Igor Poki Vukadinović is a not only one of the best BMX riders in Croatia but one of the icons of Croatian BMX scene. Although only 28-years old, he is considered as a legend and the ambassador of the sport. As an Osijek-born, he is one of the biggest promoters of Pannonian Challenge. He’s known for his success – wins at the events such as Winner of Belgrade, which we won for four times, and Pannonian, but also as a judge for FISE World Series and the first rider who jumped over a tram.
Okay, first of all, I have to ask you who is Igor Vurkanović and how is it possible that you too look so much like each other?
Poki: That is my clone that does all the hard work for me! (laughs) Igor Vurkanović is actually me, but gentlemen from FISE have too much work do and get a lot of information, so they end up writing my name the wrong way every time. I’m already kinda used to it.
At this years’ Pannonian Challenge we saw you in a bit different role - instead of riding, you were one of the judges. Also, you were one of the judges for some of the FISE World Series events. What lead you to that?
Poki: Yes, I think I’m getting more and more into the judging world. It all started two years ago when I broke my leg and wasn’t able to ride Pannonian. I tried to be a judge, I liked it, and I immediately got comfortable with that role. From last year I’m one of the judges for FISE, one of the most significant extreme sports events in the world. I’m delighted that I can be a part of the team and I do my best to justice my judging skills. (laughs)
How hard and challenging has been to go from bike to judge chair and do you think that the fact that you’re also a rider made the new role more natural?
Poki: It was challenging like everything you try for the first time in your life. But I think I’m doing good with judging role, obviously, because I was asked to do it at all the FISE World Series stops. I’m very about it, and I like doing it. I actually love everything that has to do with BMX. (laughs) I would like to mention that I’m still a rider and I practice new tricks. I can easily say that I’m in the best condition regarding tricks and feeling confident on my bike. I hope that I’ll be riding for at least next 15 years.
During the years you had a lot of success riding contests, you’ve won Pannonian, Winner of Belgrade, but also some other competitions. What would you say your most significant accomplishment is, and what is your favorite contest, excluding Pannonian?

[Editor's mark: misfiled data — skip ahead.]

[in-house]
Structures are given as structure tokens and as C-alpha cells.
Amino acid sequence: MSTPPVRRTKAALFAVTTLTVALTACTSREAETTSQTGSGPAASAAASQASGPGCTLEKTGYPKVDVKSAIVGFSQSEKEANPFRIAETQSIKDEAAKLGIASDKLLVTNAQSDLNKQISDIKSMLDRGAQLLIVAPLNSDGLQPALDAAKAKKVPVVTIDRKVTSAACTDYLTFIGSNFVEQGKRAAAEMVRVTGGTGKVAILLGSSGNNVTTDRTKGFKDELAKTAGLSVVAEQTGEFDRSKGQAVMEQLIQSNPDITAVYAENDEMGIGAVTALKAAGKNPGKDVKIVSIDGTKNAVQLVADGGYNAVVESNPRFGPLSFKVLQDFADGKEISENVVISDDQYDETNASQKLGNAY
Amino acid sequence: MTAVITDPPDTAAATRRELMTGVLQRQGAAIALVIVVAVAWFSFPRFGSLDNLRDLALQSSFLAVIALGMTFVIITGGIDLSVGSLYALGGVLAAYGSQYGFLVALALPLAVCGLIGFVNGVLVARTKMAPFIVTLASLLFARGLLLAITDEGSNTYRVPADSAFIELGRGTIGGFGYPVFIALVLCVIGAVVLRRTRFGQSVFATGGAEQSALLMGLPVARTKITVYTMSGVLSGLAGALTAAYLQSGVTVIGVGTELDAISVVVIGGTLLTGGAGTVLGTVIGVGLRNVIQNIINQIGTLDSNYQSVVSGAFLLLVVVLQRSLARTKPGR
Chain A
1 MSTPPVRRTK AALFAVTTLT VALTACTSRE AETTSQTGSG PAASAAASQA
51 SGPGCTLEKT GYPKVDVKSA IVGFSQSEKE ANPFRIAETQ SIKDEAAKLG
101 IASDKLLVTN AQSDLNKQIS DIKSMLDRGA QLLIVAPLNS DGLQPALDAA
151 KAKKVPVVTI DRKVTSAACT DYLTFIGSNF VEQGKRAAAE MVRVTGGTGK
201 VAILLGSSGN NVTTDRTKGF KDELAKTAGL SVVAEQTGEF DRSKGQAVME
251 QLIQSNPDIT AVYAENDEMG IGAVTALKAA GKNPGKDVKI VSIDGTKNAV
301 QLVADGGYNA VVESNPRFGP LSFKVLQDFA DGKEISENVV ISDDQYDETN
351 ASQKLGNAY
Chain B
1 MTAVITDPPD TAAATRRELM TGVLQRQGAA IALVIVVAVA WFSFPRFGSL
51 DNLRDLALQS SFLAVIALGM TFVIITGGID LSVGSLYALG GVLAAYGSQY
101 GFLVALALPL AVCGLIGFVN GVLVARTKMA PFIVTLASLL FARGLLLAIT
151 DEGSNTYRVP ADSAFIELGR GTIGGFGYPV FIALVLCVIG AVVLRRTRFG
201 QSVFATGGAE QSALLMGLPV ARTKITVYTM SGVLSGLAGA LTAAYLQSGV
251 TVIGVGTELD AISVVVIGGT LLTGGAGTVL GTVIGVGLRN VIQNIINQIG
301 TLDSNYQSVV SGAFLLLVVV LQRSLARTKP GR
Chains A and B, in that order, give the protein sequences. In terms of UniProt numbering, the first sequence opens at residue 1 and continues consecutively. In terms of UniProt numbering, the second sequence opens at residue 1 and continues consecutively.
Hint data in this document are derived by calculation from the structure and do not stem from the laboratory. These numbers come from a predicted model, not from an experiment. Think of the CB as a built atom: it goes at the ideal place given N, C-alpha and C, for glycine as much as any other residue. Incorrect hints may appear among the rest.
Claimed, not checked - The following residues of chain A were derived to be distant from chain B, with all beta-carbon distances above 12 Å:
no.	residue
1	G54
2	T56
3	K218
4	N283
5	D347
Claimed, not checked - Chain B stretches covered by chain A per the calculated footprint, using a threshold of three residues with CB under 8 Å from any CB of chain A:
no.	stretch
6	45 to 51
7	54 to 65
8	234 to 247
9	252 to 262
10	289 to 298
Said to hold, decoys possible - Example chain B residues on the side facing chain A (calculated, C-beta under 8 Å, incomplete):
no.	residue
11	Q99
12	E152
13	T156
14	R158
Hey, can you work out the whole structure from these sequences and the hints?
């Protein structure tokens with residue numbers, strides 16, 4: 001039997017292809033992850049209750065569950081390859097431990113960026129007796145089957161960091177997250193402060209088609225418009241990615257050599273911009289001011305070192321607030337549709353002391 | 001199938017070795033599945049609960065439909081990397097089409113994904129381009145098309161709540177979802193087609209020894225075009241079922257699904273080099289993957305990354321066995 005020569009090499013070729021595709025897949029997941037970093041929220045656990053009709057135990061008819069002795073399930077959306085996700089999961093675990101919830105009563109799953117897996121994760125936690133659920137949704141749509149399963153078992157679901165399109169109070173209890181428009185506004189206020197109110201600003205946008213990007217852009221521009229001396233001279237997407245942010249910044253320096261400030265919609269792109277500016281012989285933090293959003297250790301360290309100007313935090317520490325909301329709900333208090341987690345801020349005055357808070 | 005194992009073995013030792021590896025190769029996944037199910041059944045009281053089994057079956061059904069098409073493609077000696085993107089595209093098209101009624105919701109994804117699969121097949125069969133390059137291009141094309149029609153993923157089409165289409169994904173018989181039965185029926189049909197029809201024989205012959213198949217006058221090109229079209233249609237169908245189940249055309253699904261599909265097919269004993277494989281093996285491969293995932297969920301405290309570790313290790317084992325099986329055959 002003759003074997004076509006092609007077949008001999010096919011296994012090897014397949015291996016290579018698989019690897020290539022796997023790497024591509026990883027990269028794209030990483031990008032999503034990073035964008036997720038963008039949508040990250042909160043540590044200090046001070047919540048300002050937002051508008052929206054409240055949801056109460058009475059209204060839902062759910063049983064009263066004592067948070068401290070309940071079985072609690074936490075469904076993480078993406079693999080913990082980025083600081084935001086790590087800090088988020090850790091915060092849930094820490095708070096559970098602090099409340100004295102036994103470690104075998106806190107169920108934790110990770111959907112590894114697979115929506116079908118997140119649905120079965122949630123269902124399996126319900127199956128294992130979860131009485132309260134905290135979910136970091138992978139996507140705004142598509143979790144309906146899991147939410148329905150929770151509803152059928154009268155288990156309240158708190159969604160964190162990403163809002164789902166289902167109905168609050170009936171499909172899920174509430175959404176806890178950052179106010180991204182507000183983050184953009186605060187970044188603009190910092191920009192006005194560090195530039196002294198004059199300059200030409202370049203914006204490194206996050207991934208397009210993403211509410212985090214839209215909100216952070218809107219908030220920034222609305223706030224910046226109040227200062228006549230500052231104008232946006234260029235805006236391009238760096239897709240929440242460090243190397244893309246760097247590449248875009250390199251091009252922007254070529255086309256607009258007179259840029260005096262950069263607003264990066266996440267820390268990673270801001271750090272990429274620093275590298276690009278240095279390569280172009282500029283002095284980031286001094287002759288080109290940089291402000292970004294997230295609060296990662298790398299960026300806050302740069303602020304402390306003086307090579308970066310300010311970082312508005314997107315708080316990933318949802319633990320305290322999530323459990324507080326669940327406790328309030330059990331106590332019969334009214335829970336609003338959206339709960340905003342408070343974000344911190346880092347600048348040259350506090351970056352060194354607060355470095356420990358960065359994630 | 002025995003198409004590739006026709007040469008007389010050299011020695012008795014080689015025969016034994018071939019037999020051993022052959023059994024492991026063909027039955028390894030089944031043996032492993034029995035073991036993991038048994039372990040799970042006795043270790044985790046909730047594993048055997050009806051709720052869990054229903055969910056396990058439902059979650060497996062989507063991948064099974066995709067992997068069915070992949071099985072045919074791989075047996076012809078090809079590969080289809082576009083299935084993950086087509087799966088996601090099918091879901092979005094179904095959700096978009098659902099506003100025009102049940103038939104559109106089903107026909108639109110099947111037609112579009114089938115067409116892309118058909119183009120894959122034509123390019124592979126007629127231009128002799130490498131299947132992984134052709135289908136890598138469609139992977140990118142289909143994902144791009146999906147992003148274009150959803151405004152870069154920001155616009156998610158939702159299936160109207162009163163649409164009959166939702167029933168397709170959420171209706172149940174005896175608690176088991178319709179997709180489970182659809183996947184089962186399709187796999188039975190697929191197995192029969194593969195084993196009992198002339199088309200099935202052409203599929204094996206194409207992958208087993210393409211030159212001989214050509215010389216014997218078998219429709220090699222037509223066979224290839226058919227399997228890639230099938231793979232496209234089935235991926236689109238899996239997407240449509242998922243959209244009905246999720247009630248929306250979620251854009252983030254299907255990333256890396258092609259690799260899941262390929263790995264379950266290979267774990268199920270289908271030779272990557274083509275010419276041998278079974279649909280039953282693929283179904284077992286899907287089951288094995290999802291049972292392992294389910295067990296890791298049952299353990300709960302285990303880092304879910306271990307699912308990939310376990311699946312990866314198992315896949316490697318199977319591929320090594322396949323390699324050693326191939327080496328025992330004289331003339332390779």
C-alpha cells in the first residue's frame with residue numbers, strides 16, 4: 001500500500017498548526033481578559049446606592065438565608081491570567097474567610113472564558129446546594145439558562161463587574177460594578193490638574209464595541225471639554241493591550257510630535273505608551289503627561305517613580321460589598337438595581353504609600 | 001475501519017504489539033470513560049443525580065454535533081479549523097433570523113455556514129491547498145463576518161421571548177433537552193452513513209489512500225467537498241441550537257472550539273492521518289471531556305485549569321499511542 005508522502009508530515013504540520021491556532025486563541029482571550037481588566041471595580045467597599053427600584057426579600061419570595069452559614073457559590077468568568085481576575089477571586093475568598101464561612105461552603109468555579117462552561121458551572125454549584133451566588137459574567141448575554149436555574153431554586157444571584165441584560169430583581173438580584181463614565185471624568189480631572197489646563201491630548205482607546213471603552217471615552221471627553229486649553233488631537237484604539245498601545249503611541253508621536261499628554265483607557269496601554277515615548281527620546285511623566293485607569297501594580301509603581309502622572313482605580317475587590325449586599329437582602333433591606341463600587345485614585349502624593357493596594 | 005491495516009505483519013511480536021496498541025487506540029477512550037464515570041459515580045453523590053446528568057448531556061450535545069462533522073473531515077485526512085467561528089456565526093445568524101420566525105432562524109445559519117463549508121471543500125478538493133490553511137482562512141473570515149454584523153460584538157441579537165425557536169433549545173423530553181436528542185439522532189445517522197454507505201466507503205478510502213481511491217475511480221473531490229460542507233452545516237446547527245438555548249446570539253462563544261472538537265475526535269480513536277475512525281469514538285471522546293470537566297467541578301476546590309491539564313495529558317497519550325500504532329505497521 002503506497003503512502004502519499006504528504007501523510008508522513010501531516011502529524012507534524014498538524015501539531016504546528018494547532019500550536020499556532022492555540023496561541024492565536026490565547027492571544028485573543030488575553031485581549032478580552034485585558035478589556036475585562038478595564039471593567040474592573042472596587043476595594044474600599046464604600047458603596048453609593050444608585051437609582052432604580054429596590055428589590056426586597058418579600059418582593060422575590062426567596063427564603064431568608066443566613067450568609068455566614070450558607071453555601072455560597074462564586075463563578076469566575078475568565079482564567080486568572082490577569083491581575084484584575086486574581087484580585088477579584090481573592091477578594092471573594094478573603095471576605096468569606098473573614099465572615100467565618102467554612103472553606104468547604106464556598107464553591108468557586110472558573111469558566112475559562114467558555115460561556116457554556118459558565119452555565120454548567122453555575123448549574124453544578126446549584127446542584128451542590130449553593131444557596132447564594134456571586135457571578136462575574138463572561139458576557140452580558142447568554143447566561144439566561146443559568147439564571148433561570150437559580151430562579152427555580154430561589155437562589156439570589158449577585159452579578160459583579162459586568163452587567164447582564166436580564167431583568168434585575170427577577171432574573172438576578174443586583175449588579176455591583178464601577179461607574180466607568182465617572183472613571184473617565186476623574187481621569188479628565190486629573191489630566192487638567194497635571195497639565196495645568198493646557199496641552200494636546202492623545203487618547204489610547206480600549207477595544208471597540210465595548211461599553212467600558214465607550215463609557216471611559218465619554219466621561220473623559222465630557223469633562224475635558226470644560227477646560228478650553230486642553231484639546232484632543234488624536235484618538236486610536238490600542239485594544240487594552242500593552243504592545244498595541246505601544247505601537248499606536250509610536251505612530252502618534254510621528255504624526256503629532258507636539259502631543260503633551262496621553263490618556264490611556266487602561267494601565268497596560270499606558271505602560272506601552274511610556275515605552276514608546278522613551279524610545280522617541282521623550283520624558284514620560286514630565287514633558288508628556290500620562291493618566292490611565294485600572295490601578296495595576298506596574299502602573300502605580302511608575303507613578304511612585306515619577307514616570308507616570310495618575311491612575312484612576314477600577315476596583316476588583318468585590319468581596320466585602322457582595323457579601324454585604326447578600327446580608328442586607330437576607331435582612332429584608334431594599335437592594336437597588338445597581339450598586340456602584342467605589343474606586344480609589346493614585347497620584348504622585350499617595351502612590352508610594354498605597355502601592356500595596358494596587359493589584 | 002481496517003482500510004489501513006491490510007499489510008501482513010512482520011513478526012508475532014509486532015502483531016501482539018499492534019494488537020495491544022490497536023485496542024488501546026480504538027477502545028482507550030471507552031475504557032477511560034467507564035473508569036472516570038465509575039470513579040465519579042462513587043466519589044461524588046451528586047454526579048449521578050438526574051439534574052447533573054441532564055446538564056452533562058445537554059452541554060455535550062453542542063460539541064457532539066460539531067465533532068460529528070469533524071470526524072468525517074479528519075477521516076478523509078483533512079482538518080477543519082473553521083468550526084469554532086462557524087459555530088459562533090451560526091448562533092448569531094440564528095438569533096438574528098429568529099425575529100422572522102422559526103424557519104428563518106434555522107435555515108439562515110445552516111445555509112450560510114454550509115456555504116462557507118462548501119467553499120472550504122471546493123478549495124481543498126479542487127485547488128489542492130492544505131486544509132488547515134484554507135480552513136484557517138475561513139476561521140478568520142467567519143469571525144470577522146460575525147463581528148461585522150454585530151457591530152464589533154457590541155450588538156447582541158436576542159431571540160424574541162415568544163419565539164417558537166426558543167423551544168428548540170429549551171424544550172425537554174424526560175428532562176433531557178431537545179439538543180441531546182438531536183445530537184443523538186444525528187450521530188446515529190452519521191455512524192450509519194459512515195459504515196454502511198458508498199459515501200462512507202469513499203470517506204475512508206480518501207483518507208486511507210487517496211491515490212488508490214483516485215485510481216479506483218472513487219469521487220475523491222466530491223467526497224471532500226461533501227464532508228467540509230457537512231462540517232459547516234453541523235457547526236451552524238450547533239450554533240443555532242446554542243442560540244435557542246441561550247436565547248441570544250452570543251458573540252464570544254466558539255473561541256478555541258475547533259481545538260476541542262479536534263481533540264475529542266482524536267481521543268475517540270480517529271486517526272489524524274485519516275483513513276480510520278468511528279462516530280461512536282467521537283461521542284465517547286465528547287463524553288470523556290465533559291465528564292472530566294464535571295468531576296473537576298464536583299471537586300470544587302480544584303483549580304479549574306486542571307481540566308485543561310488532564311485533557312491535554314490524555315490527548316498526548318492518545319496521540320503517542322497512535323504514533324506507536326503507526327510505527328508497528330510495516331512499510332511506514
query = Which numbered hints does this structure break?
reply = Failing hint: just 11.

Poki: While I was doing contests I had a lot of success. I would mention BMX Masters in Koln, where I won the sixth place in the expert category. That was my first notable contest and one of the best results in my career. I love our regional events because the people connected to BMX and old BMX crew is always there. I’m still happy to be back in Belgrade for Winner of Belgrade, Novi Sad, Bukovac and also Maribor and Ljubljana in Slovenia. At such events, there are always great people and good vibes, which are the best things about this sport. There is some unique energy when you are surrounded by those people, and I love that. I’m a bit more focused on judging now, but I always find time to go to "our" contests.
You ride contests, but also you are an ambassador for the Pannonian Challenge and BMX as a sport. Just after Pannonian, you hit the road with Senad Grošić. How’s that going?
Poki: I would like to take this opportunity to thank Senad Grošić for inviting me to be part of his performances all over Austria and beyond. I love doing that, the team is fantastic, we always have a lot of fun, and I can’t complain about the money, either. Speaking of Pannonian, this year I joined the organization team. The experience is vastly different compared to the one I have as a rider. But I’m older, and I guess a bit more serious now. (laugh) I was responsible for the athletes, judges, awards, transportation. I would like to thank my long-time friend Jurica Barać for giving me that chance. It turned out we are the winning team, everything went without any problems, and I’m happy for that. (laughs)
You took part in many promotional activities for Pannonian Challenge – you are the first rider in the world who jumped over a tram, you were doing jumps on a bridge, you were BMX Santa Clause, and BMX mosquito. How do you end up in projects like those, and what was the craziest one?